The journey back to swimming began in January 2022, when Manuel’s doctor cleared her to begin venturing back into the pool. Following Tokyo, they had agreed that her hiatus must stretch at least until the following calendar year to fully escape the effects of overtraining syndrome, and at her follow-up appointment, doctors saw enough in Manuel’s physical recovery and emotional well-being to give her the go-ahead.

Not long after, Manuel made the decision to move to Tempe, Ariz., and restart her career under the guidance of Bob Bowman and sprint coach Herbie Behm.

“I had a list of several coaches who I wanted to reach out to, just based off their résumés, what they have accomplished in the sport, what I felt like I needed in a coach, and if they could get me there both in and out of the pool,” Manuel said. “That ultimately is what led me to (Bowman). I talked to several coaches. I basically did recruiting, but I was the one recruiting. I got opinions from a couple other people on where they thought could be a good fit for me.”

Simone Manuel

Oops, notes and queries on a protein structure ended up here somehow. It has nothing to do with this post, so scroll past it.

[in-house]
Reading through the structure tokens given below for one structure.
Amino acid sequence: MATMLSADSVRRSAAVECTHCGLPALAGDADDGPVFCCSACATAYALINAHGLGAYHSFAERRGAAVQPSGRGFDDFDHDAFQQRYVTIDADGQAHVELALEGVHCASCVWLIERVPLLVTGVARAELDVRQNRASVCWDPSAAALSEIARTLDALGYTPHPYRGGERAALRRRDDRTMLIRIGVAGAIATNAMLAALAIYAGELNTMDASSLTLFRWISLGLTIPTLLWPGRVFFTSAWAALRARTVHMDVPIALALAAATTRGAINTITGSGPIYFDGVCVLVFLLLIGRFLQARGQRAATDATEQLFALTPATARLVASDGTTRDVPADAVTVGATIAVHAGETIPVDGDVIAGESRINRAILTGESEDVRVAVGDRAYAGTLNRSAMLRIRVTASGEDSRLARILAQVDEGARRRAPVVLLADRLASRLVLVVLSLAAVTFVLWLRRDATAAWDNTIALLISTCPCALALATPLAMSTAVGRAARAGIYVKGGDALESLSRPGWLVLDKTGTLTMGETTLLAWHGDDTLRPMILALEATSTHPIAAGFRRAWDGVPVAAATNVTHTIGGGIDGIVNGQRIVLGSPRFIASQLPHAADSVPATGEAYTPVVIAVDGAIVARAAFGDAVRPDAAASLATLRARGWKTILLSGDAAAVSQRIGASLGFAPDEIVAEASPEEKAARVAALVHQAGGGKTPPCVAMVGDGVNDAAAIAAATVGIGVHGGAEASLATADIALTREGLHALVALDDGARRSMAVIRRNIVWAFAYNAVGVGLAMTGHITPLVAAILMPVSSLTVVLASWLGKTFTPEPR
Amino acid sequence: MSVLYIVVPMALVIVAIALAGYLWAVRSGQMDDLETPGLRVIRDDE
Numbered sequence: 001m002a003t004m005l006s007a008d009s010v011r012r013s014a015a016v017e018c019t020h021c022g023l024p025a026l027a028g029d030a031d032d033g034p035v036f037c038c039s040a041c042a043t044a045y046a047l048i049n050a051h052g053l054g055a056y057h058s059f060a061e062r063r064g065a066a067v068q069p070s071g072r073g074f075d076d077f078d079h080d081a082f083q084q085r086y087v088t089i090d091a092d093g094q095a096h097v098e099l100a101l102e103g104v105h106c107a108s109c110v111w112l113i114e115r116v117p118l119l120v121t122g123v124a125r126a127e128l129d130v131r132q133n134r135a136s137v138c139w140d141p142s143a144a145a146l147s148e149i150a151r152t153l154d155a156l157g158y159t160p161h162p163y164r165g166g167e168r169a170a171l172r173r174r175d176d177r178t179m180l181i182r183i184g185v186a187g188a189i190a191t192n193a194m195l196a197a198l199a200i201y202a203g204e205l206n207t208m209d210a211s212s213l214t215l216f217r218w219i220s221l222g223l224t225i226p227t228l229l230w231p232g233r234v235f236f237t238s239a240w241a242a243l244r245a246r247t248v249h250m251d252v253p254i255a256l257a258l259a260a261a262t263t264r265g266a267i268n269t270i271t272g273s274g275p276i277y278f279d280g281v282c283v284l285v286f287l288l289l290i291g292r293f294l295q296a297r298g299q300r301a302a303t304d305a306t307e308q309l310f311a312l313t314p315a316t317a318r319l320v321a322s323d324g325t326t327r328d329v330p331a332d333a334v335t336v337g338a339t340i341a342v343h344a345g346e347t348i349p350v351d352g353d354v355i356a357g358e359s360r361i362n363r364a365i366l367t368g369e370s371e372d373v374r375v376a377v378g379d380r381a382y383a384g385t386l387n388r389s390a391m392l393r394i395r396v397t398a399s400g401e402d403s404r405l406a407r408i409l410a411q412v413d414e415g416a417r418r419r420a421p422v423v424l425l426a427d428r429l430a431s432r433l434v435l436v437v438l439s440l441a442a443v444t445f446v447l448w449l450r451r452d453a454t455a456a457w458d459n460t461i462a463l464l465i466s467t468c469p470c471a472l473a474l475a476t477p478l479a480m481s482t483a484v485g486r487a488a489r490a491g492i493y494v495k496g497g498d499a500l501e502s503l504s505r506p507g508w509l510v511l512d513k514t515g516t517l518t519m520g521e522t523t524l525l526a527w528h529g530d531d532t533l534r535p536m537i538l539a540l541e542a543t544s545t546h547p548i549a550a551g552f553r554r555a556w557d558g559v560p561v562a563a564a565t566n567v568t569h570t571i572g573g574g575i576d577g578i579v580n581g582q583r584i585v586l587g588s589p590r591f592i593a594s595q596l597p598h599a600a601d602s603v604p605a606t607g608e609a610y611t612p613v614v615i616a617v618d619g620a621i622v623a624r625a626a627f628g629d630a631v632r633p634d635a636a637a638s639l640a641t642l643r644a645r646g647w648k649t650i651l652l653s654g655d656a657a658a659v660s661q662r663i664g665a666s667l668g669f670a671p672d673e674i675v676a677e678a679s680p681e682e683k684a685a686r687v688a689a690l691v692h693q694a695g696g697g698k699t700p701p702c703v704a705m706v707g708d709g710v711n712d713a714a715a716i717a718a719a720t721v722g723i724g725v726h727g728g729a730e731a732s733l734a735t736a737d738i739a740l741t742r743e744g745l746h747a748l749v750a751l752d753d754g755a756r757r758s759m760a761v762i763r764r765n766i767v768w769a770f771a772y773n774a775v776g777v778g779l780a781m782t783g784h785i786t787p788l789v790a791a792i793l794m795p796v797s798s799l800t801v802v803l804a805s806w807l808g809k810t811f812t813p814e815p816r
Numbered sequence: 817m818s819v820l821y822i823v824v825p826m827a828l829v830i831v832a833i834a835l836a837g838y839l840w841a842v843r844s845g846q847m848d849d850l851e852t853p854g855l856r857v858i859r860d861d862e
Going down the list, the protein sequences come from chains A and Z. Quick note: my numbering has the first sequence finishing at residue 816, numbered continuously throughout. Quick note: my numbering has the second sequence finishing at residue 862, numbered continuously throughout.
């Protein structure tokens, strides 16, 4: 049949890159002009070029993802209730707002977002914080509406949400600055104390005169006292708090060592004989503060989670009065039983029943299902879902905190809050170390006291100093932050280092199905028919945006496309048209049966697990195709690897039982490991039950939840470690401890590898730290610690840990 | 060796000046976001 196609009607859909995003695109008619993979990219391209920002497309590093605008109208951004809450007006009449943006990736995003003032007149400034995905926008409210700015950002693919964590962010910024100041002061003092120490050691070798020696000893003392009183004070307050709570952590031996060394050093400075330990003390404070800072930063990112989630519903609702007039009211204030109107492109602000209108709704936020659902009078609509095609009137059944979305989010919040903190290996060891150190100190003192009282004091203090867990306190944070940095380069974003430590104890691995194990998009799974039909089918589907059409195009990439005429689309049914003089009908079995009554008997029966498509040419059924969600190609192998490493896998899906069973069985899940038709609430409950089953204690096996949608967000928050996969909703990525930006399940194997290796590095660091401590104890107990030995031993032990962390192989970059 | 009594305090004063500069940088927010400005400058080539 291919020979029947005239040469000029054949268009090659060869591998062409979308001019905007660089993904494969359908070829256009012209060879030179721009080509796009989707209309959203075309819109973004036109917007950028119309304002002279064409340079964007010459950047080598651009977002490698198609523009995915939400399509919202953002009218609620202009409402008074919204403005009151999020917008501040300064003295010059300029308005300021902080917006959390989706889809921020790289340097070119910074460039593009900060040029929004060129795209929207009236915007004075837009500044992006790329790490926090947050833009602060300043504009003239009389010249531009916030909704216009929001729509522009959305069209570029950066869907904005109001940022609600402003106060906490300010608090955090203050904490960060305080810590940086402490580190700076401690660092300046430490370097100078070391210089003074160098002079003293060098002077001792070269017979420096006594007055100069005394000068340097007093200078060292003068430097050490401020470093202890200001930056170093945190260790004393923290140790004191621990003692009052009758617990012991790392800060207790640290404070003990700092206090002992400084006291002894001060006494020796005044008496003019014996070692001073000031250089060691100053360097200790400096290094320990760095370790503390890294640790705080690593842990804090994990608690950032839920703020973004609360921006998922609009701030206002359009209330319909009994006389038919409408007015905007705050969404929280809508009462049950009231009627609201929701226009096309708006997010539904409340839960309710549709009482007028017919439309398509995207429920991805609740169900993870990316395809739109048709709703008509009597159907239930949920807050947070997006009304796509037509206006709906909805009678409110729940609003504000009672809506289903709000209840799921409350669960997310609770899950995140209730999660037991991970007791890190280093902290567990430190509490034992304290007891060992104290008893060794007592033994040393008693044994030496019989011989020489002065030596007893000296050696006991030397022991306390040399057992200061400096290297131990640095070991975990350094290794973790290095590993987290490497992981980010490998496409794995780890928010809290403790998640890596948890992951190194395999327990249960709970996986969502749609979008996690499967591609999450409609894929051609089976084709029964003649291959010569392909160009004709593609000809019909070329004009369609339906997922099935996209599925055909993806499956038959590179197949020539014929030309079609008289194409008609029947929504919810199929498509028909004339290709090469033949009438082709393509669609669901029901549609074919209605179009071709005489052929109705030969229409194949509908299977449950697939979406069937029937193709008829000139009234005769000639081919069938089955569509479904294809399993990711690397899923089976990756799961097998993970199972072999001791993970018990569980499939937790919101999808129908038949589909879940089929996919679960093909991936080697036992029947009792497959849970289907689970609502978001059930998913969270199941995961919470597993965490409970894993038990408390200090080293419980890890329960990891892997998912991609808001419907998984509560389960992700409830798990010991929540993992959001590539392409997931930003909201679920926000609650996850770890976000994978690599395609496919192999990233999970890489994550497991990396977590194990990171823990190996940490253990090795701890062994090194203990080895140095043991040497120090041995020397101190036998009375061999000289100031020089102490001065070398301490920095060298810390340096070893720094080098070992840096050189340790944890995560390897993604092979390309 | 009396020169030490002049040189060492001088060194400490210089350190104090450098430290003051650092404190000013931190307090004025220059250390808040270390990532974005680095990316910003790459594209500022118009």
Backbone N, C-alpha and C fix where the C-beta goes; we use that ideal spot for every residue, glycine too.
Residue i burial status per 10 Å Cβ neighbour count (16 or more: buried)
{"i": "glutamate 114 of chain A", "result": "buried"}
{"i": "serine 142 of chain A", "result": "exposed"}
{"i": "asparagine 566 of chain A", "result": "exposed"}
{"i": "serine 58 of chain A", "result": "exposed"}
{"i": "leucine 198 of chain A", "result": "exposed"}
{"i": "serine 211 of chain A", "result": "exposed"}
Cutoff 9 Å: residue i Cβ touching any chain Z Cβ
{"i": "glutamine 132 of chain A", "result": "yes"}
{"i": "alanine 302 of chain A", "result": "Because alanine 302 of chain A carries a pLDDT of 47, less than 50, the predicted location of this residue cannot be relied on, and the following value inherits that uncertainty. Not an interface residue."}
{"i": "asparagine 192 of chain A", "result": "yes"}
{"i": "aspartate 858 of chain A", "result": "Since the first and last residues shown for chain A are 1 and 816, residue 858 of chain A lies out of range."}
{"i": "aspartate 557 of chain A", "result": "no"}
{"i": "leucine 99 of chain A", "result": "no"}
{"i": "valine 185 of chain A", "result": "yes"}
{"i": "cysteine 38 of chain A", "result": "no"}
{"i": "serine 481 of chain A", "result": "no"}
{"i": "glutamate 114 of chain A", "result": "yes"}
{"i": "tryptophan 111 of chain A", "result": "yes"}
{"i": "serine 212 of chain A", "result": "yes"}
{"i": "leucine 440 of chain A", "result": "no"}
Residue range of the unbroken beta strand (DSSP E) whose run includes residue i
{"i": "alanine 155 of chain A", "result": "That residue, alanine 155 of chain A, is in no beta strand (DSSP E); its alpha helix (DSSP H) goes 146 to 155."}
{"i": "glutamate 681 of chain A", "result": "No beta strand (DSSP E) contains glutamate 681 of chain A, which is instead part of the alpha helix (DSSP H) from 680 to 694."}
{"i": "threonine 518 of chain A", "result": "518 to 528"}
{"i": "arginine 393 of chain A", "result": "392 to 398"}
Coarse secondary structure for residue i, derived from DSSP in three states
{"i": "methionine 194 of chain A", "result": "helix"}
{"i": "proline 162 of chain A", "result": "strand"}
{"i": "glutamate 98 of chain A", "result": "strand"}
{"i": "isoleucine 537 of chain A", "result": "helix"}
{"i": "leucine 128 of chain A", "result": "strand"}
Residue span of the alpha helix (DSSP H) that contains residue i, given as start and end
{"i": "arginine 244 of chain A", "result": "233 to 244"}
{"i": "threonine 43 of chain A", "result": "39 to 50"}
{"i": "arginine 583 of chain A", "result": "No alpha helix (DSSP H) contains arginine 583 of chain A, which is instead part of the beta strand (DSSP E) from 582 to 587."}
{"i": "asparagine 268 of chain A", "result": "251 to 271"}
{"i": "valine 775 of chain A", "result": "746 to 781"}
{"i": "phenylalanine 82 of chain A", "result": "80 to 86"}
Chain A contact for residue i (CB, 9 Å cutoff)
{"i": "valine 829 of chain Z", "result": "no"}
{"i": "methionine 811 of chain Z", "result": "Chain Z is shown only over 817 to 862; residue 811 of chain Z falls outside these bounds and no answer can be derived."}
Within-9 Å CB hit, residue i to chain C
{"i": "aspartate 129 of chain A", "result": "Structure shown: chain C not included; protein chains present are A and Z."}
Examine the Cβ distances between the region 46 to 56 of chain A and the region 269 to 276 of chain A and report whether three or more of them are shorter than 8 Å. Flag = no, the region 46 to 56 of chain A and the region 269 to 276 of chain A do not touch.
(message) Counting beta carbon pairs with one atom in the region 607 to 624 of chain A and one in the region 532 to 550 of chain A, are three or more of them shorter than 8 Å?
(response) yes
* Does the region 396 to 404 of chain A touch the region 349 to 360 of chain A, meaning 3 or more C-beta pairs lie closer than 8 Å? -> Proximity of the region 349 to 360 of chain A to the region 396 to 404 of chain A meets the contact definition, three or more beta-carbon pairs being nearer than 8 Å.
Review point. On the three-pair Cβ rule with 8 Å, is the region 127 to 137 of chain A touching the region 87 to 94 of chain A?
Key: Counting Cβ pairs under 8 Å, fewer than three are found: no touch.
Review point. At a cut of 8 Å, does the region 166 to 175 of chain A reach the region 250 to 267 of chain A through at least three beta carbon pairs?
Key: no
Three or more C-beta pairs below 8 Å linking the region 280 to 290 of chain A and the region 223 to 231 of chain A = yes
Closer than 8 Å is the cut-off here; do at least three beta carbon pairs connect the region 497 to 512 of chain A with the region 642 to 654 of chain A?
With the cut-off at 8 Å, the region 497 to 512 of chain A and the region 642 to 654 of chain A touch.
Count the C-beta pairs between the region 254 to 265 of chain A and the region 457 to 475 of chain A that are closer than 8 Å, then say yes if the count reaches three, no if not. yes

Simone Manuel — Photo Courtesy: Peter H. Bick

Still living in California, Manuel began swimming on her own at a local fitness center. Manuel and Bowman agreed that her build-up would be gradual to avoid a recurrence of the overtraining syndrome. Bowman wrote workouts for Manuel, but she would only swim Monday, Wednesday and Friday while lifting Tuesday, Thursday and Saturday “to give my body as much of a chance to recover as possible by only having it work out once a day.”

Once arriving at Arizona State, Manuel started with only single workouts before adding one double, then two doubles and finally three. “We kind of wanted to feel like we mastered the workload I was given at that given time before we ramped up and added an extra practice,” Manuel said, but even then, adding an additional workout into her schedule made her anxious.

Meanwhile, Manuel found that her initial training times did not match what she had achieved during her finest years. Of course, getting back to American-record-setting and world-title-winning times is no easy feat, but the process severely tested Manuel’s patience.

“I could do a similar set that I had done in the past, but the results were not even going to be anywhere near that. I think it was really hard for me not to compare myself to what I had done or what I had performed well in at practice or even in competition, but to focus on where I am now,” Manuel said. “That’s just a really hard mental tug-of-war when you know you’re capable of better, but in the moment, your body is not capable of better.”